Q1: You have talked, in the past, based on your own experiences as a violinist, of music’s ability to change society, but your encounters have tended to repair or ease tensions. How far do you think music can really function as a constructive tool to initiate and promote diplomacy?
I think the power of music to change society in a positive way should continue to be explored. Because it has not been sufficiently explored, we don’t really know the limit. I think when you look at some of the best examples, such as El Sistema in Venezuela; you see them changing the society internally. Other examples can be seen between cultures, such as Beethoven’s 9th being performed at the fall of the Berlin Wall, to celebrate that occasion. We’ve seen what music can do, but yet there’s still a persistent belief among diplomats and politicians that music is something nice, but it’s a luxury, and so its capacity to bring about change is not fully known by anyone. So I think we have to continue to push forward, and to explore what it can do.
Q2: Do you think that growing international collaboration on musical initiatives, such as those promoted by Cultures in Harmony, can in any way damage cultural diversity, as each nation reaches more for a globalized market?
I think that cultural diplomacy can, on the contrary, help with the preservation of individual cultures, because one thing I’ve found, as a Western classical musician travelling to countries like Zimbabwe and Papua New Guinea, is that traditional musicians there struggle for their music to be heard over the global mass-marketed popular music, just as much as in the United States, Western classical musicians struggle for their music to be heard as an alternative to the mass-marketed popular music that most people listen to. The idea that Western classical music is the music of the establishment is very outdated, especially in the United States, where it accounts for 3 percent of record sales. So we’re struggling, a musician in Zimbabwe is struggling, a drummer in Papua New Guinea is struggling. When we work with these people during our projects, we encourage young people to preserve their culture. I think we’re maintaining and sustaining the diversity of cultural expression that makes humanity great. For instance, when we worked with the members of an indigenous tribe in the Philippines, the youth of this tribe told us that, before we came, they did not realize the importance of their culture, and what made them distinct from other groups in the Philippines. I think cultural diplomacy plays a very positive role in that sense.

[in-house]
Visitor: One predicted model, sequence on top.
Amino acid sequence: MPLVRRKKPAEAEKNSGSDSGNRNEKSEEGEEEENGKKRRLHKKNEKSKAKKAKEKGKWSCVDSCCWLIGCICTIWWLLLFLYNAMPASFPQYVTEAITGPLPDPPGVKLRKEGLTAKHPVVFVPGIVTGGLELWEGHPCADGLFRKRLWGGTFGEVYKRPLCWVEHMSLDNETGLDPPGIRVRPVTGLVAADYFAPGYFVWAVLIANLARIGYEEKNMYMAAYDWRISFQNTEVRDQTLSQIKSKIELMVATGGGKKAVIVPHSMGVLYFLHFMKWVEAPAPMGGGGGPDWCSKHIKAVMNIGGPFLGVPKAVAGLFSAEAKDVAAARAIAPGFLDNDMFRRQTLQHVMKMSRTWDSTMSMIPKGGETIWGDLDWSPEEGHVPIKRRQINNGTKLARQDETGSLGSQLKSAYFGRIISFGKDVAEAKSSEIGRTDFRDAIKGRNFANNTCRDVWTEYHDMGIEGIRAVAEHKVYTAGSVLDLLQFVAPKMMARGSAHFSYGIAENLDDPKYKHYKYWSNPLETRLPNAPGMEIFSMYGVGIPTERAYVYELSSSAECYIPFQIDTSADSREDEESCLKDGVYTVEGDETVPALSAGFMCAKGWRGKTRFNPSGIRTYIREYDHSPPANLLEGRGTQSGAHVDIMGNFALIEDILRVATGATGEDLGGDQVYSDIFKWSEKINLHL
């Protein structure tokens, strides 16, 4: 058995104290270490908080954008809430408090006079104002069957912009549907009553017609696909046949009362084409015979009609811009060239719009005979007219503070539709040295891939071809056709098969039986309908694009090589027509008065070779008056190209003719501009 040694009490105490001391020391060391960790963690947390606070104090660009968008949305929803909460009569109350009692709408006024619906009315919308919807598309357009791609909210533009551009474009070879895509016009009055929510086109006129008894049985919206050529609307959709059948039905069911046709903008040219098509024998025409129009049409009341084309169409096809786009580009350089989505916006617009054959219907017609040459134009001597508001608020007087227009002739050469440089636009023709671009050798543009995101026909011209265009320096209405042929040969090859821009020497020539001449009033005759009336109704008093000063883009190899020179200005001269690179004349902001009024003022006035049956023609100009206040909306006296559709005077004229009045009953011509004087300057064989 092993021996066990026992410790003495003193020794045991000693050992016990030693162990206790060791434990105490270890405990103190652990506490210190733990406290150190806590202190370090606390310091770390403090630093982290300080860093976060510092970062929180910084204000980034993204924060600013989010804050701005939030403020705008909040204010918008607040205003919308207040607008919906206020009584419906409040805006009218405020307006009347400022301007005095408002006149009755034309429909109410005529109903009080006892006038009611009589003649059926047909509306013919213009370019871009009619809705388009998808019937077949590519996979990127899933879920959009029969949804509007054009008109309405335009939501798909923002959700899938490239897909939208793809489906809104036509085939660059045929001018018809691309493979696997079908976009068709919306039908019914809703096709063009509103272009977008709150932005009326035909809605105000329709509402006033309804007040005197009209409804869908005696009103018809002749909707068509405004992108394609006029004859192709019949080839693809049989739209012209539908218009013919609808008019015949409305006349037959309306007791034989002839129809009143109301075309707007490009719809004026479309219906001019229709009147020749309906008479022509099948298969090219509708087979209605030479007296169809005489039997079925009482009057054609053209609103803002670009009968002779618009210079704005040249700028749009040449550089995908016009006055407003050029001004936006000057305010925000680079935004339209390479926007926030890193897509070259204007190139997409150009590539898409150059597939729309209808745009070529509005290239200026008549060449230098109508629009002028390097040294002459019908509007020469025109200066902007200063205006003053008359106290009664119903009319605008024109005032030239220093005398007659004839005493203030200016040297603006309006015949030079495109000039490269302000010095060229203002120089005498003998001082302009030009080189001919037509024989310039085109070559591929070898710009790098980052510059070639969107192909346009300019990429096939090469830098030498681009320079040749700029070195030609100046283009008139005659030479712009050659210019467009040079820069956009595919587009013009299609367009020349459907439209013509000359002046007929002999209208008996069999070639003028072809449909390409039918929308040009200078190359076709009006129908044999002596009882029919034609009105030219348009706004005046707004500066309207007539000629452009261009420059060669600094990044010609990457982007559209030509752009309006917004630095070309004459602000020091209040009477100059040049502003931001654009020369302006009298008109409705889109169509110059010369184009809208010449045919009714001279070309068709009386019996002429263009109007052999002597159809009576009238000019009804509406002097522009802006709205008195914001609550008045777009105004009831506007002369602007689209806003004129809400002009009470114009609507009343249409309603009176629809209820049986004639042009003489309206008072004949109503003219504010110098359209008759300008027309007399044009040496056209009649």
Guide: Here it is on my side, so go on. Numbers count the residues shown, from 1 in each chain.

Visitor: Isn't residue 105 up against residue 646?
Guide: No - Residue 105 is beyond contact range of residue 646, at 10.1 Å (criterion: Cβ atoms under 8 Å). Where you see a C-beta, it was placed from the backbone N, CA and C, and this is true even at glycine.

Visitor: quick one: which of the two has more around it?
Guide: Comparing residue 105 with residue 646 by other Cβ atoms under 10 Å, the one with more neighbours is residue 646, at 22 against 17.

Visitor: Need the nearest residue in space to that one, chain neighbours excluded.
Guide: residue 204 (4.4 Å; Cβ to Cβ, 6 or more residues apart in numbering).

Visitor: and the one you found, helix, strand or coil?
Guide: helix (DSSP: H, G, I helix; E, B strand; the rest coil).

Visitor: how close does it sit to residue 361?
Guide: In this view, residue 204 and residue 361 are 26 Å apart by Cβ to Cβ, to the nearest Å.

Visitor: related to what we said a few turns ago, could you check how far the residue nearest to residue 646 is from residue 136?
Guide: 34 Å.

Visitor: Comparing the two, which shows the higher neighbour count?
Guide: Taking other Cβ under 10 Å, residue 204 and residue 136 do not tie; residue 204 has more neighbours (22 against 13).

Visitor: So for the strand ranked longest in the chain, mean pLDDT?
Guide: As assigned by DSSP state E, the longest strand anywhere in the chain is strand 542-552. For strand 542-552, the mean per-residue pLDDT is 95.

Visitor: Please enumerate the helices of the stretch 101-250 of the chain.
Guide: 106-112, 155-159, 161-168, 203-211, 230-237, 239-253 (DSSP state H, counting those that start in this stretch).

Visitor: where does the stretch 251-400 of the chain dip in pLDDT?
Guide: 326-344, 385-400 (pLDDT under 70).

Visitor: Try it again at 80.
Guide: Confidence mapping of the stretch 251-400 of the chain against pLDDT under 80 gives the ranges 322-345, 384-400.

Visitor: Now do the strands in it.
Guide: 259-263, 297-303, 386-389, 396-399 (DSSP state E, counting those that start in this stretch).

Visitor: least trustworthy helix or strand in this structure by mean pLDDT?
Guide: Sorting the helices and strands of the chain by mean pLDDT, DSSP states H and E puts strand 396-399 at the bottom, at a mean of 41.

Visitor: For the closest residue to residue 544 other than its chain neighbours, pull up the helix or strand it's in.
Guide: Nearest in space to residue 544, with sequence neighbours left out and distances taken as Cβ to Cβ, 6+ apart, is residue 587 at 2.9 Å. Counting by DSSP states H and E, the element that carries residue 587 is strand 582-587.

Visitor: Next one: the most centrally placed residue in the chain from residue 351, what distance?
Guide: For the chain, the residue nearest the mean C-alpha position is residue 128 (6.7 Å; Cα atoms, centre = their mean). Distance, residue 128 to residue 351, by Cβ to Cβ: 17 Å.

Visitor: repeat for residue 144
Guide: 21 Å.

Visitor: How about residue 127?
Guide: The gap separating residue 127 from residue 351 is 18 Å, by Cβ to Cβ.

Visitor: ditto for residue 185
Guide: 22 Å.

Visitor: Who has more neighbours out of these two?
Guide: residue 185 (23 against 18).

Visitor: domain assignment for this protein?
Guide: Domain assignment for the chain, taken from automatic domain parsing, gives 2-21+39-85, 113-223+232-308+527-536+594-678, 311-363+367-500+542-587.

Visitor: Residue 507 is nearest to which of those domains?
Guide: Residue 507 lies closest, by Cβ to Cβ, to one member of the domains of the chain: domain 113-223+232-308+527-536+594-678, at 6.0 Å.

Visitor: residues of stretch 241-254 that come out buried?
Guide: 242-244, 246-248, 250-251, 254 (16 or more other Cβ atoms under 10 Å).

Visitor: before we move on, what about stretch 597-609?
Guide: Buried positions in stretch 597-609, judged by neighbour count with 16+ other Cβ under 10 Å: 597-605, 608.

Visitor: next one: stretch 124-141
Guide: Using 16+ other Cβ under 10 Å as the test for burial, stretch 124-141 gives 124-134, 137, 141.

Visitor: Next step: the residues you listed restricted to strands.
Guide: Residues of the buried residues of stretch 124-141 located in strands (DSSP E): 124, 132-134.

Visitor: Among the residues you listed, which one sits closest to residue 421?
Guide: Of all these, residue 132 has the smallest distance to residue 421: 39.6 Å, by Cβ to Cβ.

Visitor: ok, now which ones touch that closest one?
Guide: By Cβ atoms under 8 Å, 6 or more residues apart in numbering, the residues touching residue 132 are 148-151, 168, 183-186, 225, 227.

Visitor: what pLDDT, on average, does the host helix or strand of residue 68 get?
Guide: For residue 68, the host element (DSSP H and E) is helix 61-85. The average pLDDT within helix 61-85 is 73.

Q3: To what extent do you think that national governments have a responsibility to fund activities in the field of cultural diplomacy and the arts?
I think they do have a moral responsibility to fund cultural diplomacy, but if they abrogate that responsibility, then I think it is up to the citizens to step in to fill the void. Cultures in Harmony is happy to accept funding from the US State Department, but when they don’t come through, I think it’s up to individual Americans or American foundations and corporations to take ownership of how our country is represented abroad, how people perceive us, and also how we perceive them, and how that affects our ability to be effective internationally.
Q4: Finally, do you think that projects run by those such as Cultures in Harmony help give a more specific meaning to cultural diplomacy by adopting a more systematic approach to engaging in international dialogue through music?
Yes, in fact I was not aware that cultural diplomacy meant anything more than exchanges of musicians and artists for quite some time after I started Cultures in Harmony. I myself interpret the term ‘culture’ in a very narrow sense – meaning mainly music, dance, and theatre. Even though I think differently now, I guess I still have that viewpoint – that the most effective cultural diplomacy, the most effective way of engaging with different populations and cultures, is through the universal language of the arts. If the United States were to send a business expert to a developing nation, it’s numerically clear who’s “better” or “smarter” in this situation, which could create resentment. We send people to lecture about American business practices, and I suppose that’s welcomed by some, but it’s not an equal playing field. In music, you can create an equal playing field, because there’s no objective way of declaring something as “better” – we can learn from each other. Very few fields present such a wonderful opportunity. Music does, and it also presents a way to speak without making judgments, without references to conflicts. For me, the most effective way to engage in cultural diplomacy is through musical diplomacy.
Interview conducted by Emma Lough & Kim Cornett, Institute for Cultural Diplomacy